But then an arrow is shot and strikes Cock Robin, who falls to the ground, apparently dead. The spell is broken, and Mrs. Verloc’s face, in closeup, literally falls. She is back to her real-life world of mourning and pain.
Preston Sturges’s Sullivan’s Travels (1941) is one of the most meta movies that came out of Hollywood, at least before post-modernism reared its self-conscious head. It opens with an action scene–a fistfight on top of a train, with both protagonists falling to a watery grave. But then, the words “The End” appear in the water–it was only a movie. Three men get up from their screening-room seats, and one of them, director John L. Sullivan (Joel McCrea), argues to two studio execs that what they and we have just seen is just the sort of socially conscious document Depression American needs.
Sullivan (aka Sully) is ashamed of the escapist fare that has made him rich–trifles like Ants in Your Plants of1939, Hey Hey in theHayloft, and So Long Sarong. (Either the last is an amazing coincidence or Sturges knew that Pardon My Sarong, starring Abbott and Costello, was in production and would be released the following year.) He wants to make a film called O Brother, Where Art Thou?
Sullivan: I want this picture to be a commentary on modern conditions. Stark realism. The problems that confront the average man!
Exec: But with a little sex in it.
Sullivan: A little, but I don’t want to stress it. I want this picture to be a document. I want to hold a mirror up to life. I want this to be a picture of dignity! A true canvas of the suffering of humanity!
Exec: But with a little sex in it.
Sullivan: [reluctantly] With a little sex in it.
Unfortunately, Sullivan, a product of boarding school, has no experience with the suffering of humanity, and therefore resolves to put on hobo clothes, go out on the road, and obtain some. Complications ensue, notably involving Veronica Lake, identified in the credits only as The Girl. “How does the girl fit into the picture?” a cop asks Sully. He says, “There’s always a girl in the picture. What’s the matter, don’t you go to the movies?”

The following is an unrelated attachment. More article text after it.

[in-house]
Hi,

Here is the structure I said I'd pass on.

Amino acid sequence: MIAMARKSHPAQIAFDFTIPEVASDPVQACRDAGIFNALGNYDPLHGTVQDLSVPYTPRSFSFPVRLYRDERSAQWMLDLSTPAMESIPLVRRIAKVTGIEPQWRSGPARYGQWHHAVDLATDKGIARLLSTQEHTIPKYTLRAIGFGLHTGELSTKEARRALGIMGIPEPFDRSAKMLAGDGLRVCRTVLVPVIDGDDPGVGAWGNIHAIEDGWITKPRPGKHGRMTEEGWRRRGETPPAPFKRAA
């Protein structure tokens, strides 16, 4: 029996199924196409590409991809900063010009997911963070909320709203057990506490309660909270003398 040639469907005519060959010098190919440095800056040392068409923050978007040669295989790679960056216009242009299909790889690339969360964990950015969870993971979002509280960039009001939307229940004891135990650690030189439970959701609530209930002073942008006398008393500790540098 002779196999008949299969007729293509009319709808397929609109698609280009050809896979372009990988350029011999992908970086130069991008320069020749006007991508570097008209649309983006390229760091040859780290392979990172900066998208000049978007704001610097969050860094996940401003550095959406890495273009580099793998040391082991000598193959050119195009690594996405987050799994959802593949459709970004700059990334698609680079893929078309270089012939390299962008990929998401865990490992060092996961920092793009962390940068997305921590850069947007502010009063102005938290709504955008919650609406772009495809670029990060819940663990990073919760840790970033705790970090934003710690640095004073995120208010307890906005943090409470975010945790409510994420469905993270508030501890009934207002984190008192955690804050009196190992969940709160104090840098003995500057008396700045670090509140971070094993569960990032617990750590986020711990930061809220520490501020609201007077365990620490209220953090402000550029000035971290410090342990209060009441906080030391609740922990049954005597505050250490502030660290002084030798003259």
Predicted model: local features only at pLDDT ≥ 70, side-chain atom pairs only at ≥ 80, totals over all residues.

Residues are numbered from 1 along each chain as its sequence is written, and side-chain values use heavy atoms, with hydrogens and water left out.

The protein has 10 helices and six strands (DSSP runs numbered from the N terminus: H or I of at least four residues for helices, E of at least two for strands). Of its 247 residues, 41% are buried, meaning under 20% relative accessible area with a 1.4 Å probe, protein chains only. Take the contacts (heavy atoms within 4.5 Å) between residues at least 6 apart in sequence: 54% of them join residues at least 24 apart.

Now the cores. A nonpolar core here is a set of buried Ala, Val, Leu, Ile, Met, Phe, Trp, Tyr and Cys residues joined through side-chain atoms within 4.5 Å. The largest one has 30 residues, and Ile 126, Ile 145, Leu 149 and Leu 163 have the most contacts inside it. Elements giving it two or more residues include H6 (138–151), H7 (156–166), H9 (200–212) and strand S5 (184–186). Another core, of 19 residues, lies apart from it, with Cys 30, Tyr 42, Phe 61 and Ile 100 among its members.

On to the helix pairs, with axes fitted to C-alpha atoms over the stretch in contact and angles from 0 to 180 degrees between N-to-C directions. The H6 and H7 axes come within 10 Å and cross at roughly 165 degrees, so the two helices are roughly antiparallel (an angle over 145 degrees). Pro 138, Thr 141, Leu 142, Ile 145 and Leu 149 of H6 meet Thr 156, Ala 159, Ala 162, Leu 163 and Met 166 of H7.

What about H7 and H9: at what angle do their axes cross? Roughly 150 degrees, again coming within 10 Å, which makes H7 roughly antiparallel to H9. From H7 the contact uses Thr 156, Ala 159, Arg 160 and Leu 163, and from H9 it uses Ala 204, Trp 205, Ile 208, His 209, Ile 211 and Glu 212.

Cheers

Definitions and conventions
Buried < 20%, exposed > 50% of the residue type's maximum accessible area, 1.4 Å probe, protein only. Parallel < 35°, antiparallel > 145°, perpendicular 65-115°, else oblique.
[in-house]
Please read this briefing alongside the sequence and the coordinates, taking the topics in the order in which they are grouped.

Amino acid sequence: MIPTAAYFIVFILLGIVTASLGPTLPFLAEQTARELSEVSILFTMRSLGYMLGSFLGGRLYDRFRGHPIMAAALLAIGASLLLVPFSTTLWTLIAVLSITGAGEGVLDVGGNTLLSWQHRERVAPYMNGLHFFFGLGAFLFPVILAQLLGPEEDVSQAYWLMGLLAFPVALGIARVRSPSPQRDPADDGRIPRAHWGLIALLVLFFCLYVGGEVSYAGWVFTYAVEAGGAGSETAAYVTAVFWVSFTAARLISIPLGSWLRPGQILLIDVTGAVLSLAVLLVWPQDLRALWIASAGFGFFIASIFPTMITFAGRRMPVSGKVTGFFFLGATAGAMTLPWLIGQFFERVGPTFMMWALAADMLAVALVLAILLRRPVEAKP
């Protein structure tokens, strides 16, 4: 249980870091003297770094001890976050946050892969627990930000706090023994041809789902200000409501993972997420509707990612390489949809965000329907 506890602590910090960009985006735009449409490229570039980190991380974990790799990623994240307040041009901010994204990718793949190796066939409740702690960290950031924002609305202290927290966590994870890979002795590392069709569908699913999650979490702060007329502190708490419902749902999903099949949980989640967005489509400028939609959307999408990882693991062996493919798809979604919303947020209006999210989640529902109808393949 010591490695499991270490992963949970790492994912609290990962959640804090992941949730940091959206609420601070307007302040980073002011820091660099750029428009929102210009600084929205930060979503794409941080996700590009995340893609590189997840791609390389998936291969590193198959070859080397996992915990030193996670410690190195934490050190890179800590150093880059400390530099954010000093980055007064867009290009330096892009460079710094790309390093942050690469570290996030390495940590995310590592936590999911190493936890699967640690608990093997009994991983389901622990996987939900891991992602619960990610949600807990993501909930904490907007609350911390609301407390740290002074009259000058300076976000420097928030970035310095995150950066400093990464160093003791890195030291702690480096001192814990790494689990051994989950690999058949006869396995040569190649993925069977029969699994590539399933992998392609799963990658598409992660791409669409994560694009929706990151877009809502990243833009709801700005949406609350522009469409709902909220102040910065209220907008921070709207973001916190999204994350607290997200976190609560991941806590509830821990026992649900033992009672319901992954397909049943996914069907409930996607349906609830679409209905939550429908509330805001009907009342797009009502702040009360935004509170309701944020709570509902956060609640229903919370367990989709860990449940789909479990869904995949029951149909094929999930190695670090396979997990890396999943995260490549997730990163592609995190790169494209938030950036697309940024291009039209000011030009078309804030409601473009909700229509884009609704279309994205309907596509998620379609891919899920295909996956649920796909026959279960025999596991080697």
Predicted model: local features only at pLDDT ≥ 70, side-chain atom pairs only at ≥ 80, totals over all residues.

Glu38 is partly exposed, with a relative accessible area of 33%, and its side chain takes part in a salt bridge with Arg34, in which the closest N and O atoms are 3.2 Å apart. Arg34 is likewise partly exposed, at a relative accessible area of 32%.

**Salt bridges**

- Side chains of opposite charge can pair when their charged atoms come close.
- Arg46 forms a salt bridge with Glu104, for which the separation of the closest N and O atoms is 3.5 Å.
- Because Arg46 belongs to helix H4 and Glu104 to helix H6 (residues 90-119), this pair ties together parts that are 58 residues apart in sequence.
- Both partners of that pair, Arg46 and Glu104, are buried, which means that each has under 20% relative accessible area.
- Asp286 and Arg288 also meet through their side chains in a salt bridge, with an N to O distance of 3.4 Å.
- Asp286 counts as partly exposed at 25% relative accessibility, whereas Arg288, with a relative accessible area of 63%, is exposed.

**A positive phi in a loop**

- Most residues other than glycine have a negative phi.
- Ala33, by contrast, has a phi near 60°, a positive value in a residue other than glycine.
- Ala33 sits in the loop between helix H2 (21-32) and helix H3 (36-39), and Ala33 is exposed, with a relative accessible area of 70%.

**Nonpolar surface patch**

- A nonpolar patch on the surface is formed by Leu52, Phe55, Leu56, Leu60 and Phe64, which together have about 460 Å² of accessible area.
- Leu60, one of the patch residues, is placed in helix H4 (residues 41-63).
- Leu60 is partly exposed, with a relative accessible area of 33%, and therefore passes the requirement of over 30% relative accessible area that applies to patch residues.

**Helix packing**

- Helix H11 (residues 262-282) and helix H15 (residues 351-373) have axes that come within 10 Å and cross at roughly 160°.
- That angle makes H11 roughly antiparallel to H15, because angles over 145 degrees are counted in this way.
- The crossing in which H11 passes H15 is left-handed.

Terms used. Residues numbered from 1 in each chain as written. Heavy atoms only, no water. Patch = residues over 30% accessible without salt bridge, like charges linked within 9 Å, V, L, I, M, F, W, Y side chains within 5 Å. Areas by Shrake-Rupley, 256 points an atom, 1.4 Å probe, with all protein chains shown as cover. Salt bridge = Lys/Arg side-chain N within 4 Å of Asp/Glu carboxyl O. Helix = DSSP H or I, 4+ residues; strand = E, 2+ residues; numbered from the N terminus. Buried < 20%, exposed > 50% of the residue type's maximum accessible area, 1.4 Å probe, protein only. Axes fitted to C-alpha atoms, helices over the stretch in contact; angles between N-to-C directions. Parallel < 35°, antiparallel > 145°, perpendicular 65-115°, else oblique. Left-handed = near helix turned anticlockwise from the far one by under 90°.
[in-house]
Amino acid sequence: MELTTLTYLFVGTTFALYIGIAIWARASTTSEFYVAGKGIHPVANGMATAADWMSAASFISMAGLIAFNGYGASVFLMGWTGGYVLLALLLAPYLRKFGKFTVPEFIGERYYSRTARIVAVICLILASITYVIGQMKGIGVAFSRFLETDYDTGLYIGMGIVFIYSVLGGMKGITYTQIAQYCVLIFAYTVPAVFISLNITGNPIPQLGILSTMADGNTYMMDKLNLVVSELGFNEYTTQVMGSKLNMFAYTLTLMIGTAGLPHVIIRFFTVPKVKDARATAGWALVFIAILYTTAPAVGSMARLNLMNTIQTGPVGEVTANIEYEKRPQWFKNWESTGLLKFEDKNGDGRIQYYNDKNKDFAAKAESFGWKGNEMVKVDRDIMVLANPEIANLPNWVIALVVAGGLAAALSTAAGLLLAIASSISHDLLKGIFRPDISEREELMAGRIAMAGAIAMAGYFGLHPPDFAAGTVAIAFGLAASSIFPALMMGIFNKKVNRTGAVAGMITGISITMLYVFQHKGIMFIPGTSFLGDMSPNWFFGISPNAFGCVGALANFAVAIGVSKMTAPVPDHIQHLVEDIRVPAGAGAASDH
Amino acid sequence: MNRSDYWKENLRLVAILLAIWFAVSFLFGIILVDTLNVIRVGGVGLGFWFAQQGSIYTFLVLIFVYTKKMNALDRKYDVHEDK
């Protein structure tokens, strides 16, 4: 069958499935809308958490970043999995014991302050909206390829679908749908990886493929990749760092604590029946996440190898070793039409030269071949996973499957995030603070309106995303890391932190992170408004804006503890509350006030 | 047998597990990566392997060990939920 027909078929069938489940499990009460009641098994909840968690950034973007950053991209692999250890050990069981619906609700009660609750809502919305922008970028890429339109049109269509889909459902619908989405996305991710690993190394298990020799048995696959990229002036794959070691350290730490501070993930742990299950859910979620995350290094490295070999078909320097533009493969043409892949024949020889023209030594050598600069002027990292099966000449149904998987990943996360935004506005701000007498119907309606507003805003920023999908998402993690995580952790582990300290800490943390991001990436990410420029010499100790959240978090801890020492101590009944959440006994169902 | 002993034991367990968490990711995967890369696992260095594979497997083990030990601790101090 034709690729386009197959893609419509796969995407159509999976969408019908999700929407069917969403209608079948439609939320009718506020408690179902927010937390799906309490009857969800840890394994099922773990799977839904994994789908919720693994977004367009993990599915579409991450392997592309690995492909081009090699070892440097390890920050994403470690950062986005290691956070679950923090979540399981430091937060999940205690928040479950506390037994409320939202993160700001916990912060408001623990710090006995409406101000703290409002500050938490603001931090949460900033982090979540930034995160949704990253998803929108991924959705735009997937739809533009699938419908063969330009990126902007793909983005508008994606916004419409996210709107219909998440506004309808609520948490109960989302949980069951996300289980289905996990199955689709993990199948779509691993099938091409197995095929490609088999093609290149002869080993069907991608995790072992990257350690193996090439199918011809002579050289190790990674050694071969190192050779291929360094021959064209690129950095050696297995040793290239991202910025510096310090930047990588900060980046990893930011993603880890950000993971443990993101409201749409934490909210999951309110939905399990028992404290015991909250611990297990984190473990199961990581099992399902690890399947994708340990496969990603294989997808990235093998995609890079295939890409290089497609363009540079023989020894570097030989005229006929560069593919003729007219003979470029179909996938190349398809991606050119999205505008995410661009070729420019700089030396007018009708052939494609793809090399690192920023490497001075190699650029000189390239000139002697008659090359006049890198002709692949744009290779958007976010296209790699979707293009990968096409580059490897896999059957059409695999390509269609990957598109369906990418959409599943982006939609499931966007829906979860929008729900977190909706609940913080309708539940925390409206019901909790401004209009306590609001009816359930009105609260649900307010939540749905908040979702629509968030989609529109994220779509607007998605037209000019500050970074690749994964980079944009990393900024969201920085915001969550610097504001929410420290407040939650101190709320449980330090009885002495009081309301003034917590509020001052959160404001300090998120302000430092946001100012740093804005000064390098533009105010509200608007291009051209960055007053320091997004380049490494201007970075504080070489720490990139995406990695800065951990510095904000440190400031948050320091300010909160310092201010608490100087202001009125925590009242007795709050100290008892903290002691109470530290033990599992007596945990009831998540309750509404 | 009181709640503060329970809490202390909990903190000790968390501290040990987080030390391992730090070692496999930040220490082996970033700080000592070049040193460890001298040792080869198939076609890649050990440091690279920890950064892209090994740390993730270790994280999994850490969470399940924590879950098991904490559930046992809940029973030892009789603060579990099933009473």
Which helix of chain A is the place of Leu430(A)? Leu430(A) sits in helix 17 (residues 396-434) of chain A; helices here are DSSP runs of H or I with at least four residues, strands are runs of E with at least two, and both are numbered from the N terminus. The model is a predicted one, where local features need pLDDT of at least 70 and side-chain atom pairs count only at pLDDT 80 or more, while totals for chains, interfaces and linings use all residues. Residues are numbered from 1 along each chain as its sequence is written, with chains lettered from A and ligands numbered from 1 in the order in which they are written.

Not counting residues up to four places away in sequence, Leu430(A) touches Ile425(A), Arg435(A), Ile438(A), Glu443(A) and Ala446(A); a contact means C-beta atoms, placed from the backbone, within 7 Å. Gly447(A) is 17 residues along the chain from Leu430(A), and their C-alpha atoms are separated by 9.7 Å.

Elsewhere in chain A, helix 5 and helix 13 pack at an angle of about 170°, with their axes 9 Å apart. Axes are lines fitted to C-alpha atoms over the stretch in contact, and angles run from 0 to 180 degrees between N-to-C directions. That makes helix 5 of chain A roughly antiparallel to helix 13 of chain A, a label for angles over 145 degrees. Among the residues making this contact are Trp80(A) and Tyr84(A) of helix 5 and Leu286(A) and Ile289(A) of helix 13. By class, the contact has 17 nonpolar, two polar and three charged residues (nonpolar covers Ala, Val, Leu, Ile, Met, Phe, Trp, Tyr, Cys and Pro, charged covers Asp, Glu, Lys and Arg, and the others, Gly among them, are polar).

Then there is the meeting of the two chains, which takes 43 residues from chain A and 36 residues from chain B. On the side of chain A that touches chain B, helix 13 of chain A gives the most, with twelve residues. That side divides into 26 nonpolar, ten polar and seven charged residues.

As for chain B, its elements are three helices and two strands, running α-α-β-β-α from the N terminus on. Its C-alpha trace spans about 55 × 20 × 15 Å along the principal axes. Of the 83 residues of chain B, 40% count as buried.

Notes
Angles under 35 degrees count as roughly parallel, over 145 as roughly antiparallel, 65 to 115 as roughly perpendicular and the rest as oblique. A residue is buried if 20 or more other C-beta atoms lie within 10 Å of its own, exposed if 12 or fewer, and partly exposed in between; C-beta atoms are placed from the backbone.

There’s lots of other self-referential lines, including knowing mentions of Sturges’ colleagues Frank Capra and Ernst Lubitsch. At one point, Sully, in trouble yet again, breaks the fourth wall, remarking, “If ever a plot needed a twist, this one does.”
The movie can be said to be structured around three movie-watching scenes. The first is the fight sequence that opens things up. The second comes when Sully is taken in, and taken to a picture show, by two maiden ladies. Here the camera stays on the audience and all we get from the movie is some lachrymose music–the dialogue is drowned out by the sounds of kids sniffling and people munching on snacks, all combining to give the sense of a pretty miserable cinematic experience. As Sully and his companions leave, we see from a lobby card that a triple bill is playing: Beyond these Tears, The Valley of the Shadow, and The Buzzard of Berlin.
The third movie-within-the-movie is the climactic scene of Sullivan’s Travels, and the only one that’s an actual movie. Through plot machinations, Sullivan has found himself a prisoner on a chain gang, subject to miserable conditions. For a rare respite, the prisoners are brought to a rural African-American church, where a movie is projected on a white sheet that serves as a makeshift screen. The selection of the day is a 1934 slapstick (rather Warner Brothers-y, in fact) Disney short, “Playful Pluto.” As Sully watches, he begins to have a revelation.
Through more plot machinations, he is released. News of his adventures have created a nationwide sensation, and the studio execs are now eager to make O Brother, Where Art Thou? One of them says, “It will put Shakespeare back with the shipping news!”
But Sully will have none of it. He wants to make a comedy. He says, as the picture comes to and end, “There’s a lot to be said for making people laugh. Did you know that’s all some people have? It isn’t much but it’s better than nothing in this cockeyed caravan.”